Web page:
Art at nuclear summit
By Noh Hyun-gi
The National Museum of Contemporary Art is holding “Art Project 2012: Communion” at the media center of the 2012 Seoul Nuclear Security Summit at COEX, Samseong-dong in southern Seoul through Wednesday. The exhibition invited 10 artists from Korea and Japan to showcase their works exploring the issues of nuclear security and international collaboration for peace.
Kicking off with “salpuri,” or an exorcism performance by Lee Jeong-hwa, the title holder of Important Intangible Cultural Heritage No. 27 on Monday, the show includes 30 video works, installation pieces, photographs and paintings.
Some speak directly on topics of the summit. Ono Tadashi, Japanese photographer, captured the scenery of a dismantled Fukushima in the Tohoku region where the magnitude 9.0 earthquake on March 11, 2011 hit that led to the nuclear catastrophe. His piece “Embankment” sheds light on the power of nature that can cause unforeseeable disasters.
Ultra Factory, a group of Japanese artists, brought their invention to the exhibition. “Vitalfoot” is a red bicycle made with recycled material that can be used to transport aid to the Fukushima area. The six artists wanted to contribute to their aching nation after the Fukushima Daiichi nuclear power plant failure. This production serves as a carrier for hope as well.
Local artists are showing works that investigate their divided homeland. Lee Sea-hyun painted a landscape in red, based on his experience in the Army. “Between Red” (2012) recreates the view of North Korea the painter saw through his binoculars. Also on display is “Angel Army,” a video work by Lee Yong-baek. The artist who represented Korea at the 2011 Venice Biennale juxtaposes figures of soldiers and flowers to explore issues of peace. Ham Kyung-ah offers two embroidery works from her eight-piece project “Needling Whisper, Needle Country.” In “I’m Sorry,” a 2 by 1.5-meter creation, Ham expresses the will to fight the fear against nuclear terrorism by portraying soldiers with shields. Her other piece “Some Diorama” depicts worldwide concern over a possible nuclear attack. Ham began her endeavor when she found a propaganda poster a few years ago, and thought about sending messages to North Korea herself with needlework.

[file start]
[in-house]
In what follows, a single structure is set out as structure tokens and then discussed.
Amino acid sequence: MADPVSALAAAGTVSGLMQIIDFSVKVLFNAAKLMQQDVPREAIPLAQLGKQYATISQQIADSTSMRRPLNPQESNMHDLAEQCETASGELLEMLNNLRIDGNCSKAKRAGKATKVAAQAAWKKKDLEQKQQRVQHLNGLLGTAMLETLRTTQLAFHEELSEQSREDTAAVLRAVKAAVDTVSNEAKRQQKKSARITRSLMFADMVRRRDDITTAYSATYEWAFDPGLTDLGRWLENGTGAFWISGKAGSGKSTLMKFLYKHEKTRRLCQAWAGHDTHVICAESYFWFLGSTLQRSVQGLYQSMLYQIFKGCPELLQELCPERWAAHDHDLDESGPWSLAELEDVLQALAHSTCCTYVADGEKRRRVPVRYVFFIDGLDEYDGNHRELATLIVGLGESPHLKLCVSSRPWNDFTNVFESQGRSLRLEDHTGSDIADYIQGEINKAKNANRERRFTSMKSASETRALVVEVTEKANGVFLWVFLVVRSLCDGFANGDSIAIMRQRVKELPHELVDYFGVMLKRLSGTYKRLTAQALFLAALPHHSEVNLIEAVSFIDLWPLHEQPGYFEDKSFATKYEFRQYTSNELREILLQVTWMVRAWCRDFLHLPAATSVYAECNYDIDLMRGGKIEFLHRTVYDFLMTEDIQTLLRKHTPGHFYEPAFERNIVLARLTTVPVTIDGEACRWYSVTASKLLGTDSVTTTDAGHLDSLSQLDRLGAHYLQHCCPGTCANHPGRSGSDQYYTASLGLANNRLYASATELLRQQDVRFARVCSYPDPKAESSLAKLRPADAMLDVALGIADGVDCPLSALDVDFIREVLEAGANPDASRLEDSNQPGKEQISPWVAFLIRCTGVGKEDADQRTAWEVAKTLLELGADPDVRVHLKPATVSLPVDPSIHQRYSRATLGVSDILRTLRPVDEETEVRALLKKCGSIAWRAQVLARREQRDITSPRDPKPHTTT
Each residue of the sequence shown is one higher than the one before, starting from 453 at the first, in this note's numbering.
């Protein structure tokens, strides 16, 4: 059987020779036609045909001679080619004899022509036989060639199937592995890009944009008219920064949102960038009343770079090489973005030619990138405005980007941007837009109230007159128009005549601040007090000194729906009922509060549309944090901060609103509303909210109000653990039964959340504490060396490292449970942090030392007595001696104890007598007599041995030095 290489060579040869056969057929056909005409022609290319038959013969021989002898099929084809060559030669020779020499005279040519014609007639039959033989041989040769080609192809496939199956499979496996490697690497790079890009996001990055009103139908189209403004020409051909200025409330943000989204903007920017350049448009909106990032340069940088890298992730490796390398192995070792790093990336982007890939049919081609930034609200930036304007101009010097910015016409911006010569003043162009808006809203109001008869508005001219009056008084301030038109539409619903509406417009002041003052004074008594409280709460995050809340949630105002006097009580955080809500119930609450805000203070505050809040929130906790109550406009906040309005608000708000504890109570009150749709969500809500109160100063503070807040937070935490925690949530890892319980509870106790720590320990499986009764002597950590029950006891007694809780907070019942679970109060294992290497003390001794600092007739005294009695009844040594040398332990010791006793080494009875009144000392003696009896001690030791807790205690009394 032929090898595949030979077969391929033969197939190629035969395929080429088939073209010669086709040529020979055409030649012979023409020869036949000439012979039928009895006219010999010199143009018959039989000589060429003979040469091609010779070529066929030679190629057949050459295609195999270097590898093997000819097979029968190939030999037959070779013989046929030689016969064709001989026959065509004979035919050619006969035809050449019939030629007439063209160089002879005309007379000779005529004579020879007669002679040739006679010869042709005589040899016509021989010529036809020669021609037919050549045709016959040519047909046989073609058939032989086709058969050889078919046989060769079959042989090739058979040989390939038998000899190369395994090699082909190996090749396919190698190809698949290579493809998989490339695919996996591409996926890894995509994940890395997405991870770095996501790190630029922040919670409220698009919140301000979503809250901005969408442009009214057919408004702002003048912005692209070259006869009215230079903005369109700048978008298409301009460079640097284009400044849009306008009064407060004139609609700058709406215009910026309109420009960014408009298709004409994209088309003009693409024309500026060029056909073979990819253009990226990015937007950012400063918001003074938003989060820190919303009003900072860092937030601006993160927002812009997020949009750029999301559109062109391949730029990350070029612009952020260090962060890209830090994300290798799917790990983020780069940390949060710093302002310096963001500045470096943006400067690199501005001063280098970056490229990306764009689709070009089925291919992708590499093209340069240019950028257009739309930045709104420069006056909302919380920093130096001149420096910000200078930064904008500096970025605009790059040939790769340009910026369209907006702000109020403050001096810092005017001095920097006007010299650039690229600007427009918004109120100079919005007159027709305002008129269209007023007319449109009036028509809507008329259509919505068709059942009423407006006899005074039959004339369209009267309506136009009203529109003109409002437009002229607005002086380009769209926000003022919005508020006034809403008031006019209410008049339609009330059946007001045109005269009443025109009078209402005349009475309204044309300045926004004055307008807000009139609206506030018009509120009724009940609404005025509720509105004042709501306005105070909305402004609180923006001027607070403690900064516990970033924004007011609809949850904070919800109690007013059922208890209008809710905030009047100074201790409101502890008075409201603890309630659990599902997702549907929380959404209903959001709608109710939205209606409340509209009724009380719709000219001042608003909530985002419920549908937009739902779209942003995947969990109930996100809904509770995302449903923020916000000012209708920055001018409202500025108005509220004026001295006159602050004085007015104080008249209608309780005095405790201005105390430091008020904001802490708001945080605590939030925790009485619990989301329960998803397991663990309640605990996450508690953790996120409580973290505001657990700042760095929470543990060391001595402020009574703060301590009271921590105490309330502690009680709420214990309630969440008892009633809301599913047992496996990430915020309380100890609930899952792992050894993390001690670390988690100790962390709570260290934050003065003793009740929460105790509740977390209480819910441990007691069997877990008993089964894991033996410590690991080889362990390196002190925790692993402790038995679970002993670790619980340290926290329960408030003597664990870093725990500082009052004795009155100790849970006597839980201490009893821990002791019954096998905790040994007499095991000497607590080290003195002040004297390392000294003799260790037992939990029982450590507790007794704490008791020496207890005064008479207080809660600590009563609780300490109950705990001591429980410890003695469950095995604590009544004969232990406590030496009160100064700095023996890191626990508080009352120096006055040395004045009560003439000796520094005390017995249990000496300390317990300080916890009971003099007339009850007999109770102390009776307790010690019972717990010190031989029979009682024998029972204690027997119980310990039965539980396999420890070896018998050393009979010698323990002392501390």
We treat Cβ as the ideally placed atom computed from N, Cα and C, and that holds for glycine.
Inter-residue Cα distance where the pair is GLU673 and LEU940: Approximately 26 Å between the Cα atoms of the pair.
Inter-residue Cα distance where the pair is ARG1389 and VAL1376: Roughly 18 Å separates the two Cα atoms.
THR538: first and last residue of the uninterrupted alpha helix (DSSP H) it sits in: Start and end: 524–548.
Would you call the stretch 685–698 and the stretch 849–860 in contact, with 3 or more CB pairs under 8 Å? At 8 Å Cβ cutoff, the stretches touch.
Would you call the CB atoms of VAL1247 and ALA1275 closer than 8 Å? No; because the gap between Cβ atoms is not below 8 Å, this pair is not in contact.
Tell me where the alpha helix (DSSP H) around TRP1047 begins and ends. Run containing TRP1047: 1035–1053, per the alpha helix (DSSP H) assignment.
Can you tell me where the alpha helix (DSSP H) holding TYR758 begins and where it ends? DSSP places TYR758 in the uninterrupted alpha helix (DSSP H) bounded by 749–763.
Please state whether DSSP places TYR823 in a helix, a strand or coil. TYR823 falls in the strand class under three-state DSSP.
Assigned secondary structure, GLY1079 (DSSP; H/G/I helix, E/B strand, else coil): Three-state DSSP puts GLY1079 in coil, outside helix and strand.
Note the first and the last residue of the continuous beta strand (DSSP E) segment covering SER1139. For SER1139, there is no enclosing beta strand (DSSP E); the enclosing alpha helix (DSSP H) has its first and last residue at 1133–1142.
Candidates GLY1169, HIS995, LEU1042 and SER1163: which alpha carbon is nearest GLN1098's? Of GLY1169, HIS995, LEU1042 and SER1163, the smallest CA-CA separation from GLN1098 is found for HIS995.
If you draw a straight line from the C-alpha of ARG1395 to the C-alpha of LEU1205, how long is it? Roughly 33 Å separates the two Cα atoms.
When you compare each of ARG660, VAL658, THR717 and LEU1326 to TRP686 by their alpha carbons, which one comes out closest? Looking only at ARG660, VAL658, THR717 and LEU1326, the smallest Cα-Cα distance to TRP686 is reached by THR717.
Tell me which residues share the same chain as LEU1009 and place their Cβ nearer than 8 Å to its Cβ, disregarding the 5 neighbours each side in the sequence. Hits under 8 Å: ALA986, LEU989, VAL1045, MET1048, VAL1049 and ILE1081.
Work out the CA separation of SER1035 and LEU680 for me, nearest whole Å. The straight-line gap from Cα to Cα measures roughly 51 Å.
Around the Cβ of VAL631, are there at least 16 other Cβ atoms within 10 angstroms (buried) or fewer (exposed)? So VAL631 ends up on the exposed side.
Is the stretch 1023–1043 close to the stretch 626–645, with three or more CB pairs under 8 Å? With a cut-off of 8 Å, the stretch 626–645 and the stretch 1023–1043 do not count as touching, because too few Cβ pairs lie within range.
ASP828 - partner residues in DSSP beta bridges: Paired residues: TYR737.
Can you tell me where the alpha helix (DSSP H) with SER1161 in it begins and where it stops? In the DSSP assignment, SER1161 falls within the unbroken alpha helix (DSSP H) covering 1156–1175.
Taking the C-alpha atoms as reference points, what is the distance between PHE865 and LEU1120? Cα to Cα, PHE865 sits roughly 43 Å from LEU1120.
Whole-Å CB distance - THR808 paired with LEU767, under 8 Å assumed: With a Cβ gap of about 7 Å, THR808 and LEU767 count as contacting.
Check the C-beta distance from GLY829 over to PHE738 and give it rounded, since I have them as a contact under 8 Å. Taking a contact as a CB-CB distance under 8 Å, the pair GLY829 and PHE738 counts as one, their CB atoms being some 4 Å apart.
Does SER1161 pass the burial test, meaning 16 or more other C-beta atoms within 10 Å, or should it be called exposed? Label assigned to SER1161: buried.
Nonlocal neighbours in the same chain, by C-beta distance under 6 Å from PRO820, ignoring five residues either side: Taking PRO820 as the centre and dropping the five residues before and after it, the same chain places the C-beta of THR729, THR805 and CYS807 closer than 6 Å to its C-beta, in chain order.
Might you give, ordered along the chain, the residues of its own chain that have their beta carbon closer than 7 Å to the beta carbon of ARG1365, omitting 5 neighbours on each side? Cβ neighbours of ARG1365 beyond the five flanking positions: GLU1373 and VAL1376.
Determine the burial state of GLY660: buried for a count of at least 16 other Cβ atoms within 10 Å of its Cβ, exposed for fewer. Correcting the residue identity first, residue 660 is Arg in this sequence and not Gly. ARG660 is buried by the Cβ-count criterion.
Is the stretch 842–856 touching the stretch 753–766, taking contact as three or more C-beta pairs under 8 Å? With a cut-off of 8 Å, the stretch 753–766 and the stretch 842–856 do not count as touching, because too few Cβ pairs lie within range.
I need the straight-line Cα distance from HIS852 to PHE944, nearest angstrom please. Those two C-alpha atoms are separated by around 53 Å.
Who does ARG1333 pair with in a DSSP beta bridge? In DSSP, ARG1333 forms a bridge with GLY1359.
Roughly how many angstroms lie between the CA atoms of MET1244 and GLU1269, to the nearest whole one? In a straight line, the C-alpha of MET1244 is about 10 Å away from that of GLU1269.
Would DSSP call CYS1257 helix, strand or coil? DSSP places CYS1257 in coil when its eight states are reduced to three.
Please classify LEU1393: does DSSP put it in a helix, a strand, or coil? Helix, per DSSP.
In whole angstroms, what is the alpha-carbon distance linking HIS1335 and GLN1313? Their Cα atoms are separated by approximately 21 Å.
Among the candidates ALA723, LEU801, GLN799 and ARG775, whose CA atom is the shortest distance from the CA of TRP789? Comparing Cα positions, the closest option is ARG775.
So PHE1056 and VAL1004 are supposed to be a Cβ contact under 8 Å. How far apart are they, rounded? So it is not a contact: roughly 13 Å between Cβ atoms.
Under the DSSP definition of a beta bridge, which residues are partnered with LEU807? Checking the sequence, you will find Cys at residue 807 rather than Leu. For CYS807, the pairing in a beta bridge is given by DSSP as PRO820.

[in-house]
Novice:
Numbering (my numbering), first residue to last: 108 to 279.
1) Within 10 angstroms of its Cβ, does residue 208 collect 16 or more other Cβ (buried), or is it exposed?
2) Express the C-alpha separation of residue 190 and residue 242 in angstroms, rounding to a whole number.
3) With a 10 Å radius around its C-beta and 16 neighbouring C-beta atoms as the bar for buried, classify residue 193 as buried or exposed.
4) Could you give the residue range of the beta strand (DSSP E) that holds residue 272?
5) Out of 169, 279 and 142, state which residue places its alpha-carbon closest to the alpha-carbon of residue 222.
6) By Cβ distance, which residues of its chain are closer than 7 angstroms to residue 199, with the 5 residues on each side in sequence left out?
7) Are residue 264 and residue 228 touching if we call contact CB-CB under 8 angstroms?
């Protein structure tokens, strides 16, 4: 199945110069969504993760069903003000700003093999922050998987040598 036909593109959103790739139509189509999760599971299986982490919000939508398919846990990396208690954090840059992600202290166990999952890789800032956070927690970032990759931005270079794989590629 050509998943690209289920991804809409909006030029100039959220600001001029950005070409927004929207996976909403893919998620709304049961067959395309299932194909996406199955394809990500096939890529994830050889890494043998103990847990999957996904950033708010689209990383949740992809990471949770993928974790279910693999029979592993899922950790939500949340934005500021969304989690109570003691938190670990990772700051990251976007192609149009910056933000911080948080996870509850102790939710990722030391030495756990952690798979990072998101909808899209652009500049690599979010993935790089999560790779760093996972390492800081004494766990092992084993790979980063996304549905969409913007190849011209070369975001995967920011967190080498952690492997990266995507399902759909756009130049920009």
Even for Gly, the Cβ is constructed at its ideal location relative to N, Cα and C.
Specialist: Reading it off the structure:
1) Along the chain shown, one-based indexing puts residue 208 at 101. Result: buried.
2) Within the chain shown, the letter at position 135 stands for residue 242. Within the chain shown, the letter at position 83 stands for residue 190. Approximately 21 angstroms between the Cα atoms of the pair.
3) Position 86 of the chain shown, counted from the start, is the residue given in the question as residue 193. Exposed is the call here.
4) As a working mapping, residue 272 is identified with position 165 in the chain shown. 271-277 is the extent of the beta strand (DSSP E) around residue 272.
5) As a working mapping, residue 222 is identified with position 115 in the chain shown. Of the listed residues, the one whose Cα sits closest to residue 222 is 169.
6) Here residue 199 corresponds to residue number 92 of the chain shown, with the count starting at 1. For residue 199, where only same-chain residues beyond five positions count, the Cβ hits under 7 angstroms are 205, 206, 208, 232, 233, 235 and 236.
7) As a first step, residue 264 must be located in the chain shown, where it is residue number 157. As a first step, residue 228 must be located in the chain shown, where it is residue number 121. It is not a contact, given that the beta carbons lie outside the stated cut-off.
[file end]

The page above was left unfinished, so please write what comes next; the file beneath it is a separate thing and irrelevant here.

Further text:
Han Sung-pil’s photographs taken near nuclear plants in the south of France are on display as well. “Ground Cloud” (2005) captures the vapors and a cloud of steam coming out of the structures, conveying the artist’s concern on the impact they have on nature. “Everything, though real, felt unreal,” said the photographer. France relies on nuclear energy as the major source of power. These plants produce over 80 percent of the nation’s energy consumption.
The exhibition is open to the representatives attending the summit until today and opens to the general public on March 28.